World War Z Gives Viacom a Blockbuster Quarter
Viacom (NASDAQ:VIAB) can thank two films from Paramount Pictures for the fiscal third quarter’s 20 percent increase in profit: “Star Trek: Into Darkness” and the Brad Pitt-led “World War Z.” Both the company’s Melrose Avenue film studio and Paramount did well in the three-month period, despite higher costs and dropping home entertainment sales, helping Viacom become the latest entertainment company — following Comcast (NASDAQ:CMCSA) – to beat Wall Street’s earnings expectations.
Viacom on Friday reported that third-quarter profit rose to $643 million, or $1.33 per share, from $534 million, or $1.02 per share, a year ago. Revenue increased 14 percent to $3.69 billion. Analysts polled by Thomson Reuters had expected the company to report per-share earnings of $1.30 on revenue of $3.58 billion.
The company’s successful quarter was particularly evident in its media-networks division, its largest business segment by revenue, where Viacom’s top line grew 13 percent and operating income jumped 24 percent. This was partly the result of increased ratings at the company’s television networks — Nickelodeon, MTV, Comedy Central, and BET — where domestic advertising rose 6 percent.
“Domestic advertising-revenue gains continued to accelerate at our Media Networks as new, original programming drives improving ratings momentum,” Viacom CEO Philippe Dauman said in the earnings press release. Comparatively, worldwide advertising increased 5 percent.
“Aggressive investment” in original programming, particularly on the company’s TV networks, “helped deliver a strong quarter with double-digit revenue and profit growth,” Dauman added. “We are investing more than ever in new content.” Viacom’s TV networks generated $2.57 billion in revenue in the past quarter, an increase of 13 percent from the year-ago period. “Nickelodeon is clearly on the way back with new live action and animated hits,” Dauman said.\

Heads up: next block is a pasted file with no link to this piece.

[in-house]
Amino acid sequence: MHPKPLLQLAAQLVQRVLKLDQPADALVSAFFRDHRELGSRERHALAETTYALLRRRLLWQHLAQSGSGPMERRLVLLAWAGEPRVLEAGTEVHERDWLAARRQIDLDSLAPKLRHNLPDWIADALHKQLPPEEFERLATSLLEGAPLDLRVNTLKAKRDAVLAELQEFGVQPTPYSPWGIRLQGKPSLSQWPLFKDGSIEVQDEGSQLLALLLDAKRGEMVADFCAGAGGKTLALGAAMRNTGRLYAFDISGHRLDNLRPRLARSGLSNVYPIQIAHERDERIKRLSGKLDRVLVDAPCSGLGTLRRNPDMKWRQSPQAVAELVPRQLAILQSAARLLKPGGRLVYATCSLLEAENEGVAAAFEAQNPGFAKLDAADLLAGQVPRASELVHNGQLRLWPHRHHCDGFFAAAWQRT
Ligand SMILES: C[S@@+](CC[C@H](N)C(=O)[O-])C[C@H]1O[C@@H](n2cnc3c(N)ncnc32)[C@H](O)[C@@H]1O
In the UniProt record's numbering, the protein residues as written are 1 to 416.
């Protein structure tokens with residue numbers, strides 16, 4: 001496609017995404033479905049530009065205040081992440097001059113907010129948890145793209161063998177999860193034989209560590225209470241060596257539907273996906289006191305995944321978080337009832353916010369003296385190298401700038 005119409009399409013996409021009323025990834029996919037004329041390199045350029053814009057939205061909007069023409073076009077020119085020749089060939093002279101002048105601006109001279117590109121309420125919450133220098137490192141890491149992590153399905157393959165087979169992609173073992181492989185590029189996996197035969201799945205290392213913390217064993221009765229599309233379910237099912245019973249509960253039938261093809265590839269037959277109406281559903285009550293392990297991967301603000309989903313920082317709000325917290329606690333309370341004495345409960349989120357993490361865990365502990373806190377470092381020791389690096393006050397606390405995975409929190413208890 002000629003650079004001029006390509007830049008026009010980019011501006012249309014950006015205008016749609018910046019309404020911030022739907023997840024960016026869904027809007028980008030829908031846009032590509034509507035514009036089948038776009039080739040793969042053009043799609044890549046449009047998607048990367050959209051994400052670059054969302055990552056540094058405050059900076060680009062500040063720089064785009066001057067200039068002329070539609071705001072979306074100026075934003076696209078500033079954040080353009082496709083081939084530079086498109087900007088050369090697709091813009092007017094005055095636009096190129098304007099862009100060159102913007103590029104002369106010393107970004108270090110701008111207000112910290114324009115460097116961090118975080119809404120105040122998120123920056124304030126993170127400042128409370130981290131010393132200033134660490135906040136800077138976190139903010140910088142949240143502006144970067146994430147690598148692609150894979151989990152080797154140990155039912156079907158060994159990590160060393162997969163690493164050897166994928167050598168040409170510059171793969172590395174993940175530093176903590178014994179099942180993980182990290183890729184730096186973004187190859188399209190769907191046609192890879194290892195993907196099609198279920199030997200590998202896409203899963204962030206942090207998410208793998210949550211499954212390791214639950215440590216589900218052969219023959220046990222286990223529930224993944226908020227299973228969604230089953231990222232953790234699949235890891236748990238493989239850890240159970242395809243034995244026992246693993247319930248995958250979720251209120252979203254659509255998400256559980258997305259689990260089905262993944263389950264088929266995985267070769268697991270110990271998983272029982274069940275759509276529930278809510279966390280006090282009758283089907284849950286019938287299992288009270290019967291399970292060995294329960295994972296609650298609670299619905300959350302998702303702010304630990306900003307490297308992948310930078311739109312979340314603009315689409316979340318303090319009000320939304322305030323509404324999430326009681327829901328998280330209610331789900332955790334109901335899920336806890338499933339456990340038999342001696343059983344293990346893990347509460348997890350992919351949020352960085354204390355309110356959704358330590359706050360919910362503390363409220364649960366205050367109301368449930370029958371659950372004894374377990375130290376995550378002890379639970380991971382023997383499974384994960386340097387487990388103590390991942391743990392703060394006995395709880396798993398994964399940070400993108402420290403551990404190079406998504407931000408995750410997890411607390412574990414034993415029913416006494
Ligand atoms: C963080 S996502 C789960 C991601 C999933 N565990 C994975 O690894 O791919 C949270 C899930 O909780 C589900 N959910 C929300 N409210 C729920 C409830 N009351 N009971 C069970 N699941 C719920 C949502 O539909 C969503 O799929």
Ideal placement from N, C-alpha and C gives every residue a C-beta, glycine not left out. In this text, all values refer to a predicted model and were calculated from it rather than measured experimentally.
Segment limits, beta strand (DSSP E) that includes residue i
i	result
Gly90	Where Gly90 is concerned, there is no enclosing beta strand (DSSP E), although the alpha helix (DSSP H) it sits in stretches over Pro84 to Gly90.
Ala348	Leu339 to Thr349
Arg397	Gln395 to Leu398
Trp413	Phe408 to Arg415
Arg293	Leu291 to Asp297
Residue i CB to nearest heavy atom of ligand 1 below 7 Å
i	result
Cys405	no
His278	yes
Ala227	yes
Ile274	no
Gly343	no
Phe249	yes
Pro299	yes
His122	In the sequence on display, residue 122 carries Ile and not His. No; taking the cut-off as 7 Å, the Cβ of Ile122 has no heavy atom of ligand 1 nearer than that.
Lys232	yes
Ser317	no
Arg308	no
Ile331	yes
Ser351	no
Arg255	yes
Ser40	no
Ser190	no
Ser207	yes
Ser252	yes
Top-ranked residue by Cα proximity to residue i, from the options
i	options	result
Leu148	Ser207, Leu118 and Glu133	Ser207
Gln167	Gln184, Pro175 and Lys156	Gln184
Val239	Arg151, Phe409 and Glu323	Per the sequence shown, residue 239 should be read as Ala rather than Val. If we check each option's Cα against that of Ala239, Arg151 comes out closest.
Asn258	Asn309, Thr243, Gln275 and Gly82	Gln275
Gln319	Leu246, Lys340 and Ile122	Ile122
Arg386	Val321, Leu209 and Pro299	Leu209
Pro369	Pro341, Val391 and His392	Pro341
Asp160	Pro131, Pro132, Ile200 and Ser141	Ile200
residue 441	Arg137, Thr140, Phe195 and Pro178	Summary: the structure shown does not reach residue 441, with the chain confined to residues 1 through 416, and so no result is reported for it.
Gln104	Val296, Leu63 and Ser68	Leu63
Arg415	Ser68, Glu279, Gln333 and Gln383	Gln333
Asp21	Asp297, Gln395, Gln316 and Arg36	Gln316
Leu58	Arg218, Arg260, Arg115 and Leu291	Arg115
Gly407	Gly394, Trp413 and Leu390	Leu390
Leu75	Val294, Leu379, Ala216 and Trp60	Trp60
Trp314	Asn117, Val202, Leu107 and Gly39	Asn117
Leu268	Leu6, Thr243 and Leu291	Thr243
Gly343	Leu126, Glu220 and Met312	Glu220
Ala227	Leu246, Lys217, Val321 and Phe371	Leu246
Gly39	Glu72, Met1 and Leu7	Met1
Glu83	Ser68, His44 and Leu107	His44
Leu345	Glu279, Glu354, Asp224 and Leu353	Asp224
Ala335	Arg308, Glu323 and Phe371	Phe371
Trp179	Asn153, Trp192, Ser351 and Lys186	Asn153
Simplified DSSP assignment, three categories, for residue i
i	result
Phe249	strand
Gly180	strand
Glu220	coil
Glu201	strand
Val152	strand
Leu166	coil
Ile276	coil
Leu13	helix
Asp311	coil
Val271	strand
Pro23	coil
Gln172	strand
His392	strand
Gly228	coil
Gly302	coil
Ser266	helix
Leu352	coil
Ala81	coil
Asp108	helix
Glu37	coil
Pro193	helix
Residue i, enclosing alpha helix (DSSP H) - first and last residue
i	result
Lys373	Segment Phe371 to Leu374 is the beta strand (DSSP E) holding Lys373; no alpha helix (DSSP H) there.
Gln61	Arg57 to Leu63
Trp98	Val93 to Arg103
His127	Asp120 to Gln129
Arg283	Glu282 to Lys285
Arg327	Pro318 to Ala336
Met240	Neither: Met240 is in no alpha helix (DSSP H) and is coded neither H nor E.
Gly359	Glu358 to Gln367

But Viacom particularly benefited from its film-entertainment division, even though operating income fell 63 percent to $17 million. Revenue at the company’s film studio, Paramount Pictures, came in at $1.16 billion, an increase of 15 percent year over year, while theatrical revenue — driven by the May release of J.J. Abrams’ “Star Trek: Into Darkness” and the June release of “World War Z” — climbed 64 percent to $464 million.
“We were fortunate that we had two strong tent poles,” Dauman said of the two films in the earnings release. What was unfortunate was that home entertainment revenue for the studio fell 10 percent to $275 million, and Paramount’s TV license fee revenue dropped 5 percent to $298 million. The fact that Paramount included “World War Z” marketing expenses in the third quarter also contributed to lower operating income.
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